Permission and approval

Criminal Records Bureau Clearance

If you are planning to conduct research involving children, or adults who meet the 1997 Police Act definition of vulnerability, you need to ensure that any researchers who will have contact with participants have current Criminal Records Bureau (CRB) clearance. This requirement is set out in legislation in Scotland, England, Wales and Northern Ireland (for example, the Safeguarding Vulnerable adults Group Act 2006 in England, or the Protection of Vulnerable Groups (Scotland) Act 2007).

More detailed information about the process of applying for CRB clearance is set out on the CRB Home Office website.  However, if you need a CRB check because of your role as an employee or as a student, your first step should be to check with your organisation’s research office (or HR department).  They should be able to advise you on the systems and requirements for your workplace.

There are two forms of CRB checks – regular and ‘enhanced’. Enhanced checks are required for work with children or vulnerable adults that involves ‘regulated activity’, with regulated activity defined on the CRB website as follows:

  • Any activity of a specified nature that involves contact with children or vulnerable adults frequently, intensively and/or overnight. (Such activities include teaching, training, care, supervision, advice, treatment and transportation.)
  • Any activity allowing contact with children or vulnerable adults that is in a specified place frequently or intensively. (Such places include schools and care homes.)
  • Fostering and childcare.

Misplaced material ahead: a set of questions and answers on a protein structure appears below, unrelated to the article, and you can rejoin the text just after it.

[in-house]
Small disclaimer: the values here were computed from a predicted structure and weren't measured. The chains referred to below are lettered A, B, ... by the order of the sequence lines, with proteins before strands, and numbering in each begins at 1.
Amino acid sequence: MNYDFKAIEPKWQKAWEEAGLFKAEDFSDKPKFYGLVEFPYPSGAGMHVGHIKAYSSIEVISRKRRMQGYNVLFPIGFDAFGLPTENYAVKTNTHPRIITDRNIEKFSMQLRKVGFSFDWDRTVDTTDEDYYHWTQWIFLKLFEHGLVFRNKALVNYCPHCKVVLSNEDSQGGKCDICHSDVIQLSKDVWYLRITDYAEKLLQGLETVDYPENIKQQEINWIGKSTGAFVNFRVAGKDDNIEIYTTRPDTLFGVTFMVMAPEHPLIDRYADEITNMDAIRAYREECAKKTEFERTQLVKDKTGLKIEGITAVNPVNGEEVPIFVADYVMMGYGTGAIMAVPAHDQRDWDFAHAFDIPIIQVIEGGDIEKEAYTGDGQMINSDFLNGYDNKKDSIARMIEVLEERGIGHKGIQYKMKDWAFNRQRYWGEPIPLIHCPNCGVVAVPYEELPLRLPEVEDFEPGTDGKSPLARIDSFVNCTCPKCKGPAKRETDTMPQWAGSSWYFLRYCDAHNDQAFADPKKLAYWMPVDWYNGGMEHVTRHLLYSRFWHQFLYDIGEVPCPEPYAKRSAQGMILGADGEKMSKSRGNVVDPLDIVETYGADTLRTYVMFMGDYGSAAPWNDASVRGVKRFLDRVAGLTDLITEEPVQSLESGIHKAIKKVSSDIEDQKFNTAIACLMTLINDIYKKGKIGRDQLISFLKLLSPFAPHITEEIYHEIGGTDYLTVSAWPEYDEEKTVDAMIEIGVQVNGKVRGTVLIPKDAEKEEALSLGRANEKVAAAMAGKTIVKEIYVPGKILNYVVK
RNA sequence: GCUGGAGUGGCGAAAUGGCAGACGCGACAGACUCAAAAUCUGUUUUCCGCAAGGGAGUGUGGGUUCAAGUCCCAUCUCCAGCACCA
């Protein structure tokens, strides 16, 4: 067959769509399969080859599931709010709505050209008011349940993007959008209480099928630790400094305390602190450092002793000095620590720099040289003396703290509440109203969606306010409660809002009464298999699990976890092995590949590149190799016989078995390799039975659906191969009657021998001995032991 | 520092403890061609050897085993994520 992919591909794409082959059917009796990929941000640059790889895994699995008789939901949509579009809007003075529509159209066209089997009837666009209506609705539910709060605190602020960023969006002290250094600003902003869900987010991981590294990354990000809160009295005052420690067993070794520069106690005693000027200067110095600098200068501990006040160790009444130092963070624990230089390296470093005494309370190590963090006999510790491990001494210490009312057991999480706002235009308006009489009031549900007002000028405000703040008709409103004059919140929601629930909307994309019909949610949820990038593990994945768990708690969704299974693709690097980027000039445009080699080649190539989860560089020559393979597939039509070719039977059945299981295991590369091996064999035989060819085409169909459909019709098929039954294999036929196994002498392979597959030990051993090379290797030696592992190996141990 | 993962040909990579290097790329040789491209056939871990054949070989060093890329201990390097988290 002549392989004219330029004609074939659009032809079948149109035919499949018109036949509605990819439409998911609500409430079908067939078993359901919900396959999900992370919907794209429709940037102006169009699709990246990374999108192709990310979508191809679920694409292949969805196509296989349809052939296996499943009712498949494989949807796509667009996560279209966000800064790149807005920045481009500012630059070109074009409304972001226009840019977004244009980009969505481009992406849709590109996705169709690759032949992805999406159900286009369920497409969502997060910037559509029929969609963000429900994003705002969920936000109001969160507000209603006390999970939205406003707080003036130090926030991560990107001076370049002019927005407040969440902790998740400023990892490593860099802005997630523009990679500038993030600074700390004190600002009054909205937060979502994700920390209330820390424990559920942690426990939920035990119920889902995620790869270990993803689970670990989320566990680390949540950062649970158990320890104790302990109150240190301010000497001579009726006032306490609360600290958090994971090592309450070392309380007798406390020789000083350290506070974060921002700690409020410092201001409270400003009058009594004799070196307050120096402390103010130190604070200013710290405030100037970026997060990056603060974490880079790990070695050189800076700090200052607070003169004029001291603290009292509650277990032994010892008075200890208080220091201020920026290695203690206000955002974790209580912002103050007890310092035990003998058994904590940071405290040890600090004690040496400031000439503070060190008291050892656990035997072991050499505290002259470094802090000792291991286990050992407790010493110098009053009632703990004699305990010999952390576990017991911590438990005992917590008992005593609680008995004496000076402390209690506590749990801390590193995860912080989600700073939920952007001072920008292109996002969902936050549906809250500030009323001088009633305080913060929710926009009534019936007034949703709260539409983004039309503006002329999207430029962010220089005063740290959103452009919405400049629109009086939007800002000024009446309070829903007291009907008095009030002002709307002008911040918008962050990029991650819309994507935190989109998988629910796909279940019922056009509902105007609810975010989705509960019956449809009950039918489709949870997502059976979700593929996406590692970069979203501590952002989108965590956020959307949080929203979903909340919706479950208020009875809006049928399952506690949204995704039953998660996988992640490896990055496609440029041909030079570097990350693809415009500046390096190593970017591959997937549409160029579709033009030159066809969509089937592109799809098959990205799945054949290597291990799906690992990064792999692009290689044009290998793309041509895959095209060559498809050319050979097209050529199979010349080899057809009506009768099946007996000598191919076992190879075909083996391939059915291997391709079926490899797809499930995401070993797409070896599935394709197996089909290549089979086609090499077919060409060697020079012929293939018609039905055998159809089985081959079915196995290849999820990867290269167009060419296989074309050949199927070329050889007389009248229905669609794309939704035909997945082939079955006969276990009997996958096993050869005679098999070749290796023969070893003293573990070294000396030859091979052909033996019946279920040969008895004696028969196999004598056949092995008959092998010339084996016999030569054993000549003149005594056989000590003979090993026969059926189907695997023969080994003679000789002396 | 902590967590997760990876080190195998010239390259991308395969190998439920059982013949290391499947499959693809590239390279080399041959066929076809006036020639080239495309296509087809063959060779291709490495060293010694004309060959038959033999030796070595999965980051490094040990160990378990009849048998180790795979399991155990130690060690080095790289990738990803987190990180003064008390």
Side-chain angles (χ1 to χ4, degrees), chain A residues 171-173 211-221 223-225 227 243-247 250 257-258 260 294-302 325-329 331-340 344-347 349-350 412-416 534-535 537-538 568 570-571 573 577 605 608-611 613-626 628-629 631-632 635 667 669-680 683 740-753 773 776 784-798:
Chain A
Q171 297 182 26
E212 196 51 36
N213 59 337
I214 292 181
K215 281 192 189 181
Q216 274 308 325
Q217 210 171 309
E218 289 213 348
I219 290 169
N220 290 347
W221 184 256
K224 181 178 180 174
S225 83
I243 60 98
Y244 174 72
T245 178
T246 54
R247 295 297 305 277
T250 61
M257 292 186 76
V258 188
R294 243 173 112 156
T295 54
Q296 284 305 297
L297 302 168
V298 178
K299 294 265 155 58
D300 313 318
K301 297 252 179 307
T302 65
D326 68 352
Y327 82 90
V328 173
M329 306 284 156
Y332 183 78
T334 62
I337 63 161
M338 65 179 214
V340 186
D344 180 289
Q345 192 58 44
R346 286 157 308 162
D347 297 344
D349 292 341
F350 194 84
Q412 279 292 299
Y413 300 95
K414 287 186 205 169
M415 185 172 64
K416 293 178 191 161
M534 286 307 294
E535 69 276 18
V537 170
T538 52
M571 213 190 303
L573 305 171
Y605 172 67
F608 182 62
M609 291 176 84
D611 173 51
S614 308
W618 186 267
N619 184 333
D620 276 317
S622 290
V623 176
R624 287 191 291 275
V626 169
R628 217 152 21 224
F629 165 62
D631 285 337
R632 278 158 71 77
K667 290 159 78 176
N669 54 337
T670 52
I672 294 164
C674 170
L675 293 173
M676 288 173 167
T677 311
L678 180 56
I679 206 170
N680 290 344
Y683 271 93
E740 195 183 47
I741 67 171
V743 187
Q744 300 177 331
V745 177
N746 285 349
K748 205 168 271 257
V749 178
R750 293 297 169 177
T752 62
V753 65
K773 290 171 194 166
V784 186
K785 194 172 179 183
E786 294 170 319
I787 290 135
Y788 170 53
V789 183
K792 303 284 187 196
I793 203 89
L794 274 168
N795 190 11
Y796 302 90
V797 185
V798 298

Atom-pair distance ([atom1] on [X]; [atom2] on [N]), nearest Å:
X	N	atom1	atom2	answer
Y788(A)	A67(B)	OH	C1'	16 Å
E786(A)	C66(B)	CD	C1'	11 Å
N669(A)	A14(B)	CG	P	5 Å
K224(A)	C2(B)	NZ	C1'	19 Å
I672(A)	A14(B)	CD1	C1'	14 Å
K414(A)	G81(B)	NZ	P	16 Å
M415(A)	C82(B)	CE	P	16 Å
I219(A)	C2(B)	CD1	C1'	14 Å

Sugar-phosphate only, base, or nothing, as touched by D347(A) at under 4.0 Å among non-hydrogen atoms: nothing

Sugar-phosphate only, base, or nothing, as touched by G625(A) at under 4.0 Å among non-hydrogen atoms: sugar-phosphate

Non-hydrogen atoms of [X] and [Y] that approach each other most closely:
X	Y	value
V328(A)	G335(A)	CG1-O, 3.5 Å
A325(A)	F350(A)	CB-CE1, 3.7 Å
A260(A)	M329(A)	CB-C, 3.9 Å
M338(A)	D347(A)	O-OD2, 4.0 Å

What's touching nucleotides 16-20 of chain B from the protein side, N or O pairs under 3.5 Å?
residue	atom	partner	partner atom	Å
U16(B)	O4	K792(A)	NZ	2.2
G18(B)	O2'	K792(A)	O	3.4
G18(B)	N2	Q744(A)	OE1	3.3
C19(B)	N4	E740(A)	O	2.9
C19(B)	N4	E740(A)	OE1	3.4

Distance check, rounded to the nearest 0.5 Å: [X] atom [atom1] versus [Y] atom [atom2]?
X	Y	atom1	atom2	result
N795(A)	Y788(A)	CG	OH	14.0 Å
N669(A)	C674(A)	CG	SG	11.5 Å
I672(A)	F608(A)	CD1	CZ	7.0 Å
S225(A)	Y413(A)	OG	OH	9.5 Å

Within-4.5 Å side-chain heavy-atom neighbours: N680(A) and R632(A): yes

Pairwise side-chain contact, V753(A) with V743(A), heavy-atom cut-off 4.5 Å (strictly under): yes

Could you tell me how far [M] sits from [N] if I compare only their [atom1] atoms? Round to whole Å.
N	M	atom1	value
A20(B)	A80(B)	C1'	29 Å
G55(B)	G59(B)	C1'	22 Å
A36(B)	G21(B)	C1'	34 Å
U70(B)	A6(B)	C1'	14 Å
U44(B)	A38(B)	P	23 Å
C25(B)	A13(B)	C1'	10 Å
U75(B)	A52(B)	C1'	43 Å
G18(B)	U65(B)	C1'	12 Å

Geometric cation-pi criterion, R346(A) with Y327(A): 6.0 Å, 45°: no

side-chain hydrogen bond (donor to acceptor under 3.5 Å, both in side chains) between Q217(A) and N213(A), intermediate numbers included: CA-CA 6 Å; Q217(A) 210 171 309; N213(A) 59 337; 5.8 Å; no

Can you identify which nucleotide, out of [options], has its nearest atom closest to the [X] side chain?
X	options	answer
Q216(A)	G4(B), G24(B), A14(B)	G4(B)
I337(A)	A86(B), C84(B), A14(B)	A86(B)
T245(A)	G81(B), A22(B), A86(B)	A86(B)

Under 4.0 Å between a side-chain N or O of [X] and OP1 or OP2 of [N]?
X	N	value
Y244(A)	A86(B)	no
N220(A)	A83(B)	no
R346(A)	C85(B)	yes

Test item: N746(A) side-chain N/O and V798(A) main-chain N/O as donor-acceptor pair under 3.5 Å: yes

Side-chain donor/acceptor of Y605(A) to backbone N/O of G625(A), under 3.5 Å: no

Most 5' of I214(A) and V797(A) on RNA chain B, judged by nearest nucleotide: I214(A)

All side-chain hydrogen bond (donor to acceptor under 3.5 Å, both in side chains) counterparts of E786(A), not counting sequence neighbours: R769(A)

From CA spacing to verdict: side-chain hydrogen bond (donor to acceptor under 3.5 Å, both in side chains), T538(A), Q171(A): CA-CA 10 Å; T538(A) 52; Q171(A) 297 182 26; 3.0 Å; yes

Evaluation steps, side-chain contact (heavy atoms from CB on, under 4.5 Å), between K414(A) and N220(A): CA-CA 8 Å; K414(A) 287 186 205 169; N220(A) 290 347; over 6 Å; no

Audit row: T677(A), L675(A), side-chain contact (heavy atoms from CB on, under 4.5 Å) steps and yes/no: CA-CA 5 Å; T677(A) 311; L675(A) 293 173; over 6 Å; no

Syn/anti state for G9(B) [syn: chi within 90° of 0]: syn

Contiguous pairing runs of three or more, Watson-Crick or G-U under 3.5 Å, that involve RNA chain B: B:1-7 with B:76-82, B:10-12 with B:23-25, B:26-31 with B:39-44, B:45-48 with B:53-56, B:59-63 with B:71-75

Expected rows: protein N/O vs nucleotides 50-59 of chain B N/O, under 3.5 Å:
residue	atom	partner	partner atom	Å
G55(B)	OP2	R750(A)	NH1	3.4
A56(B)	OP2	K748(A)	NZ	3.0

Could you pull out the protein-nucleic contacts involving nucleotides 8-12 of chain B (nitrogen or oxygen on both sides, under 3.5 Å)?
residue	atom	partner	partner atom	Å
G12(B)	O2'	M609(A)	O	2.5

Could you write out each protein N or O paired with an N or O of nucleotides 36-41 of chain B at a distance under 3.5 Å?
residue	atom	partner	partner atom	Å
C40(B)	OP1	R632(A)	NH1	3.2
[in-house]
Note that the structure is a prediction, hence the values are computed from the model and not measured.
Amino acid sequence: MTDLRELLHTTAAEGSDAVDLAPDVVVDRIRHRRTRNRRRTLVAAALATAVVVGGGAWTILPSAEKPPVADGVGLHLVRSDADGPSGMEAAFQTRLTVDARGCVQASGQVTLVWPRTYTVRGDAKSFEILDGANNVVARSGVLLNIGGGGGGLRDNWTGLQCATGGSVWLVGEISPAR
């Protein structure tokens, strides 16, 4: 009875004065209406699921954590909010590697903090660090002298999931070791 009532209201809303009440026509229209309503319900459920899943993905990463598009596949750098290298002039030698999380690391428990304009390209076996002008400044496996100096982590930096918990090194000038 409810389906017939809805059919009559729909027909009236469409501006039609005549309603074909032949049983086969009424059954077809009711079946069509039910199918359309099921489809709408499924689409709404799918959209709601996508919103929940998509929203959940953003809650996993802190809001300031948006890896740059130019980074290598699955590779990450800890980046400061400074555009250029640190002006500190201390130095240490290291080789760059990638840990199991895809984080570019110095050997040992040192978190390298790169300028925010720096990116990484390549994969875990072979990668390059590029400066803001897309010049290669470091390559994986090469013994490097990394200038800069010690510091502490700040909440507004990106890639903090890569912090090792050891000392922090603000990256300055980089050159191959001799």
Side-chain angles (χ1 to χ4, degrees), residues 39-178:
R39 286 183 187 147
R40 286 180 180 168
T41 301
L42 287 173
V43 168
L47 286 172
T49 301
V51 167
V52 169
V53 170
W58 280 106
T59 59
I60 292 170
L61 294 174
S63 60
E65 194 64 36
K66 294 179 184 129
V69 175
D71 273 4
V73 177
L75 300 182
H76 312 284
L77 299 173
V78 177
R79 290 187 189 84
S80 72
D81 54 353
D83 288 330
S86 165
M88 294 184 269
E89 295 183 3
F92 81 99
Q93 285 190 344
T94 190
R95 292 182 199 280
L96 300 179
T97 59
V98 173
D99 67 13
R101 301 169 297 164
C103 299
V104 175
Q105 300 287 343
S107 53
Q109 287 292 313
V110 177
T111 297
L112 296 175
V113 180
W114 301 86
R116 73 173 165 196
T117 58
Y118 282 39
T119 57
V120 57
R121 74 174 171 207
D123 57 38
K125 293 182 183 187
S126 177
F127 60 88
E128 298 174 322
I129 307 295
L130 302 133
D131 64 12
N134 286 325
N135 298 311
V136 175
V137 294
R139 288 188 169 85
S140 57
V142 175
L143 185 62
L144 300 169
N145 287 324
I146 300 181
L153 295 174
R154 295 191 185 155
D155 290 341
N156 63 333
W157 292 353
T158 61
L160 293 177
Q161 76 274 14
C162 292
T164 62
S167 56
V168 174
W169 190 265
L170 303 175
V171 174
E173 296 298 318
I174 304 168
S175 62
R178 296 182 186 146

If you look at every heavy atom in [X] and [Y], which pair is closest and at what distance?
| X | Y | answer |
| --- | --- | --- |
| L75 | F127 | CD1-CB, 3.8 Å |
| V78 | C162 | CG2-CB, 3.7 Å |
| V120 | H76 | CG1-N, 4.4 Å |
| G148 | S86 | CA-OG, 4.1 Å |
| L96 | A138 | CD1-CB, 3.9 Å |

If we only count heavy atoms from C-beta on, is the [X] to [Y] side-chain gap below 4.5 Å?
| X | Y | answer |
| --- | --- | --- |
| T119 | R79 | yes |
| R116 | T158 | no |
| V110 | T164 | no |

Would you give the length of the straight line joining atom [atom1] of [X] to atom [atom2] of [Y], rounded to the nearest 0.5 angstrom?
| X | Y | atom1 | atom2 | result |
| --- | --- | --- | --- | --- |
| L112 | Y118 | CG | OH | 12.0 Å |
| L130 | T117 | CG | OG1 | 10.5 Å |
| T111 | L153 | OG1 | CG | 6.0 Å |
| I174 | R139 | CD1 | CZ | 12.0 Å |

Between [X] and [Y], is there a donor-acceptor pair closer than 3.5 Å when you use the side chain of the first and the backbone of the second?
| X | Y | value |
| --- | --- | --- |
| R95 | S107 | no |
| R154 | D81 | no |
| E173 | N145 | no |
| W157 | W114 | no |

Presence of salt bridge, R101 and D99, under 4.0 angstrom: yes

• Any activity that involves people in certain defined positions of responsibility. (Such positions include school governor, director of children’s services and director of adult social services, and trustee of certain charities.)
  • ‘Regulated activity’ is when the activity is frequent (once a month or more), ‘intensive’ (takes place on three or more days in a 30-day period) or overnight.

As this definition indicates, it is likely that research involving direct data collection from children or vulnerable adults could be judged to be ‘regulated activity’ – particularly if you are working with participants individually (e.g. in one-to-one interviews) or in private settings such as the participant’s home – and would thus required an enhanced CRB check. CRB approval can take time to process, and you need to build this time into your research process. Remember that if you are responsible for a project team, you need to ensure that current CRB checks are in place for all relevant staff.

Also relevant here is the Exceptions Order to the Rehabilitation of Offenders Act (ROA) 1974. The ROA states that once a conviction is ‘spent’, the convicted person does not have to reveal it or admit its existence in most circumstances. However, the exceptions include work with children or vulnerable, sick or elderly adults, and so anyone applying for CRB clearance must reveal all previous convictions, both spent and unspent.